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First-lodged bankruptcy petition should be heard first, says High Court

  • High Court says ICC judge should have disposed of bankruptcy petition rather than ordering an adjournment.
  • Ruling suggests allowing other side to see arguments and put in submissions when permission to appeal decided on paper
  • Islandsbanki HF v Stanford [2019] EWHC 307 (Ch)

27 Feb 2019

Speed Read

LEGAL UPDATE: A judge in the Insolvency and Companies Court (ICC) was wrong to adjourn a bankruptcy petition hearing, an action which meant that the first creditors to present bankruptcy petitions would have their case heard first.

The High Court in England has said that the ICC judge should have given reasons for not following two previous ICC orders that the first petition be heard first.


Islandsbanki HF presented a bankruptcy petition against Kevin Stanford in April 2017, which was followed by petitions from the UK tax authority Her Majesty's Revenue and Customs (HMRC) and Shineclear Holdings Limited.

At the final hearing of Islandsbanki's bankruptcy petition in 20 December 2018 ICC Judge Jones adjourned Islandsbanki's petition and listed it for hearing together with the other two.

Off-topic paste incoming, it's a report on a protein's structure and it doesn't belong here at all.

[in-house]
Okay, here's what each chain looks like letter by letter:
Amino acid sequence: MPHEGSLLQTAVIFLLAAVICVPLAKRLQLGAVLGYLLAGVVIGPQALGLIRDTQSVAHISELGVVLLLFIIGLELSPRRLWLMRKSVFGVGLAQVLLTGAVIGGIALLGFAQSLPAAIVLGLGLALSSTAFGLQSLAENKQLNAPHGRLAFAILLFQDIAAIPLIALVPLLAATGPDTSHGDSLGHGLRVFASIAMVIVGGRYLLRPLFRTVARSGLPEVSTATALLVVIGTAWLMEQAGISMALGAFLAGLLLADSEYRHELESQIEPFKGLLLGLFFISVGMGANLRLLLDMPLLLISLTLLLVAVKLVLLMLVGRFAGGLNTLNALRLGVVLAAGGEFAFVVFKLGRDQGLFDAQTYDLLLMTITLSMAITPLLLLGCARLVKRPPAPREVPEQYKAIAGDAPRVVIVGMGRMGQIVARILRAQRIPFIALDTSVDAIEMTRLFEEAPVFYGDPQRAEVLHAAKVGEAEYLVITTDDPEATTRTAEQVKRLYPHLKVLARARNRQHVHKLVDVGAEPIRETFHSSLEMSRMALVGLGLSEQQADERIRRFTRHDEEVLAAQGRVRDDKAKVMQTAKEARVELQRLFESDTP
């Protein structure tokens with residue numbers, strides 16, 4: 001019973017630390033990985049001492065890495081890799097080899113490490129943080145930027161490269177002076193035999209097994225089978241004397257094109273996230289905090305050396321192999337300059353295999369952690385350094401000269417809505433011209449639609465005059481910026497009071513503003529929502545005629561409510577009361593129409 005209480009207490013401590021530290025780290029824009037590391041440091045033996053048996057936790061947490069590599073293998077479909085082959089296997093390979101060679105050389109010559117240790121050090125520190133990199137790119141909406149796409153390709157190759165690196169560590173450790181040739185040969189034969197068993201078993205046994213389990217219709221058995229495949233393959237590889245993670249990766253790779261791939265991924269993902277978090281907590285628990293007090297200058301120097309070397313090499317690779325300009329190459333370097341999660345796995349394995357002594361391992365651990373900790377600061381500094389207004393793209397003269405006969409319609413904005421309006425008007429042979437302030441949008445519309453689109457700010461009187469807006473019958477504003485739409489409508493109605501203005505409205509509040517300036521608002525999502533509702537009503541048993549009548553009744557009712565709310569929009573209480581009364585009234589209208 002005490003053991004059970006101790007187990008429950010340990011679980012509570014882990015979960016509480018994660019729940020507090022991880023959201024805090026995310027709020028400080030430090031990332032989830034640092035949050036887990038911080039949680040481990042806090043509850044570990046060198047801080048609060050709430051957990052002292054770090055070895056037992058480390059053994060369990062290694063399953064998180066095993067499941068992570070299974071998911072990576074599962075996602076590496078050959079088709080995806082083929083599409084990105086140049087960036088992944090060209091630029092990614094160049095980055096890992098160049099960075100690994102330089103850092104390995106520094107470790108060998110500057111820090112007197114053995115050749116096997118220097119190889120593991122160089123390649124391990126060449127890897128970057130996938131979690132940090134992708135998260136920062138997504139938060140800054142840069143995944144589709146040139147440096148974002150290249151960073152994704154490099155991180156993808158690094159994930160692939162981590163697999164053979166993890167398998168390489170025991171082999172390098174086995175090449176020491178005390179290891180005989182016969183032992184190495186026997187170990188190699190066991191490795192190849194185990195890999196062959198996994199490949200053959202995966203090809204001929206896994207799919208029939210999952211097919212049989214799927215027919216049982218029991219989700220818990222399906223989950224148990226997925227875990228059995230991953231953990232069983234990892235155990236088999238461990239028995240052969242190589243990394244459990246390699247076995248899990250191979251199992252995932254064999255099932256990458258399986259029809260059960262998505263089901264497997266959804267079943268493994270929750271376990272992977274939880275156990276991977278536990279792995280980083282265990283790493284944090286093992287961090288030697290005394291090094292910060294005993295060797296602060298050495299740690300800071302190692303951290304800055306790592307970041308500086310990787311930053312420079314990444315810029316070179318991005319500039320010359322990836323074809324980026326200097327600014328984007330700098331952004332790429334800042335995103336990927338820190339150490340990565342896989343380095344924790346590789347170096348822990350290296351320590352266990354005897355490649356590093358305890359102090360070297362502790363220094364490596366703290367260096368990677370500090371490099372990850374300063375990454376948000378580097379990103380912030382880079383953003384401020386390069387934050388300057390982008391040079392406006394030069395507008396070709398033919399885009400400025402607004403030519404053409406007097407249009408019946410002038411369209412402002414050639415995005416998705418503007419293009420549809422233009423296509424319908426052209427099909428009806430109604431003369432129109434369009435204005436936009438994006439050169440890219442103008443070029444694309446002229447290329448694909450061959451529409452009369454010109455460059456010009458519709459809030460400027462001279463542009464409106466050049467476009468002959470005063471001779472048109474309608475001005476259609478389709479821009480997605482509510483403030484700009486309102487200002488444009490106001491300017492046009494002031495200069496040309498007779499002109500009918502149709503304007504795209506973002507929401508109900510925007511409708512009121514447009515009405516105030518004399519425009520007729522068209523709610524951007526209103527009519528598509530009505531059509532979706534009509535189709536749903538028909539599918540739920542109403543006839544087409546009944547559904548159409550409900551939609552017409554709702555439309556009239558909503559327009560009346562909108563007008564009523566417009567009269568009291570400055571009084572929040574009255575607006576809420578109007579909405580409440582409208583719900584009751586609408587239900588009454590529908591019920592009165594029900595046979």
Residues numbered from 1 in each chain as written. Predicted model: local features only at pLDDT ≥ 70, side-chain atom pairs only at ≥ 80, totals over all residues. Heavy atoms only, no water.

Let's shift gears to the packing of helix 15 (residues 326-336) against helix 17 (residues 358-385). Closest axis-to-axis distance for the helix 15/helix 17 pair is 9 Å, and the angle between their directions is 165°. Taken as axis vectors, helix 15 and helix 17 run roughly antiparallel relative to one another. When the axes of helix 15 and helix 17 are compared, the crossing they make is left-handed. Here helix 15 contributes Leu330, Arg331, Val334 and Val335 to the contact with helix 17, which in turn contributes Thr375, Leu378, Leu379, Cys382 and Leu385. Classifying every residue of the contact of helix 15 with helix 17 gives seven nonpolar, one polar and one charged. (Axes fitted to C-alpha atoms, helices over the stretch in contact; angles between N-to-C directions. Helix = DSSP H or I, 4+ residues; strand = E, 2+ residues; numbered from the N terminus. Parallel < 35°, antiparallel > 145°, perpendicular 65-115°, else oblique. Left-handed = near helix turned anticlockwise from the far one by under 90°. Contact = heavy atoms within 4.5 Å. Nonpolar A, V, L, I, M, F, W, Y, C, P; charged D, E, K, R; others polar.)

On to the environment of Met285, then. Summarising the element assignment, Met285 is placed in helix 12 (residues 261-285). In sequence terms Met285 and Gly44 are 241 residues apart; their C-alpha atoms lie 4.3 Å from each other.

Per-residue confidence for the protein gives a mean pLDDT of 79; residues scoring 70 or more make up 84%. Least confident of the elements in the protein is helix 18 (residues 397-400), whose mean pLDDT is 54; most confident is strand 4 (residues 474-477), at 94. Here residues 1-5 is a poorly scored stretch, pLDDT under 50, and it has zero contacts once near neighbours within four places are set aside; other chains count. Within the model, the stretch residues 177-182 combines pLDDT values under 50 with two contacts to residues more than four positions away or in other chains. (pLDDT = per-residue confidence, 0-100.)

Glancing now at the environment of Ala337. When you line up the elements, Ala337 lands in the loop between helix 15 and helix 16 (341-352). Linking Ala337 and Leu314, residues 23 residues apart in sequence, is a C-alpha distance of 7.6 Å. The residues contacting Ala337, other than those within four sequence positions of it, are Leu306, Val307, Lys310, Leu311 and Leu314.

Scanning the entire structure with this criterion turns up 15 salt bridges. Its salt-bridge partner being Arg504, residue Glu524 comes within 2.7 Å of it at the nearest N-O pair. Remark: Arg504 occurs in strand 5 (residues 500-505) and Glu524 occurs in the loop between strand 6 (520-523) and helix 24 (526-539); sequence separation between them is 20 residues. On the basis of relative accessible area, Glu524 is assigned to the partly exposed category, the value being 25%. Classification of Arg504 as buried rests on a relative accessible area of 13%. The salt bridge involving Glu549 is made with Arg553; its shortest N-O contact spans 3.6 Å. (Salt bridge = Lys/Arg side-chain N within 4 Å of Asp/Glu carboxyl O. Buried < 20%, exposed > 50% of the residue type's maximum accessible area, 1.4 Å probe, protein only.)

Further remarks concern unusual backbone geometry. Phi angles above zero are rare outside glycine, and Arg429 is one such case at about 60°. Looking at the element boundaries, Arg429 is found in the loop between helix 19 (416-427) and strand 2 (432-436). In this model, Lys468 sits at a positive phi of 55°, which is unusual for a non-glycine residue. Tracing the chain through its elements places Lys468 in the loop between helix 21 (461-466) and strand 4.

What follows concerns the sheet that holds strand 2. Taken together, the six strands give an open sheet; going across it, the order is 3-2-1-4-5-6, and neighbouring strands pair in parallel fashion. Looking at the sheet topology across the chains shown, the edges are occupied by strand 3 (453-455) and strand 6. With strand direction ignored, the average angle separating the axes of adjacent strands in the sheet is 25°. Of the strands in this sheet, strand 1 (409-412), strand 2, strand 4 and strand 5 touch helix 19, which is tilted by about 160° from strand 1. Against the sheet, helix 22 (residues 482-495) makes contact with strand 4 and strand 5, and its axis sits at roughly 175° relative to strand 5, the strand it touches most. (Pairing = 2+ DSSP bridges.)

Islandsbanki wanted to appeal part of ICC Judge Jones's order but permission to appeal was refused on paper by Mr Justice Henry Carr. The High Court held an oral review and Mr Justice Henry Carr granted Islandsbanki permission to appeal on the basis that the parties were unanimous that ICC Judge Jones had "erred in principle" in not confirming that the Islandsbanki petition would be heard first.

Two earlier orders by ICC judges had said that Islandsbanki's petition should be heard first, so the High Court said that Judge Jones should have given a reasoned judgment outlining why the HMRC's petition would be heard before Islandsbanki's.

The High Court Judge said that it can be difficult to make orders on paper about permission to appeal applications without receiving submissions from the other side in the case.

The High Court Judge said that it might sometimes be useful for judges to allow the other side to be served with the documents relating to such appeals on paper and be permitted to make short submissions. There are not usually submissions from the other side on applications for permission to appeal on paper.

The ruling said that in these proceedings if HMRC was able to make submissions the appeal might well have been granted without a hearing, saving considerable time and financial costs.

Gemma Kaplan is a restructuring expert at Pinsent Masons, the law firm behind Out-Law.com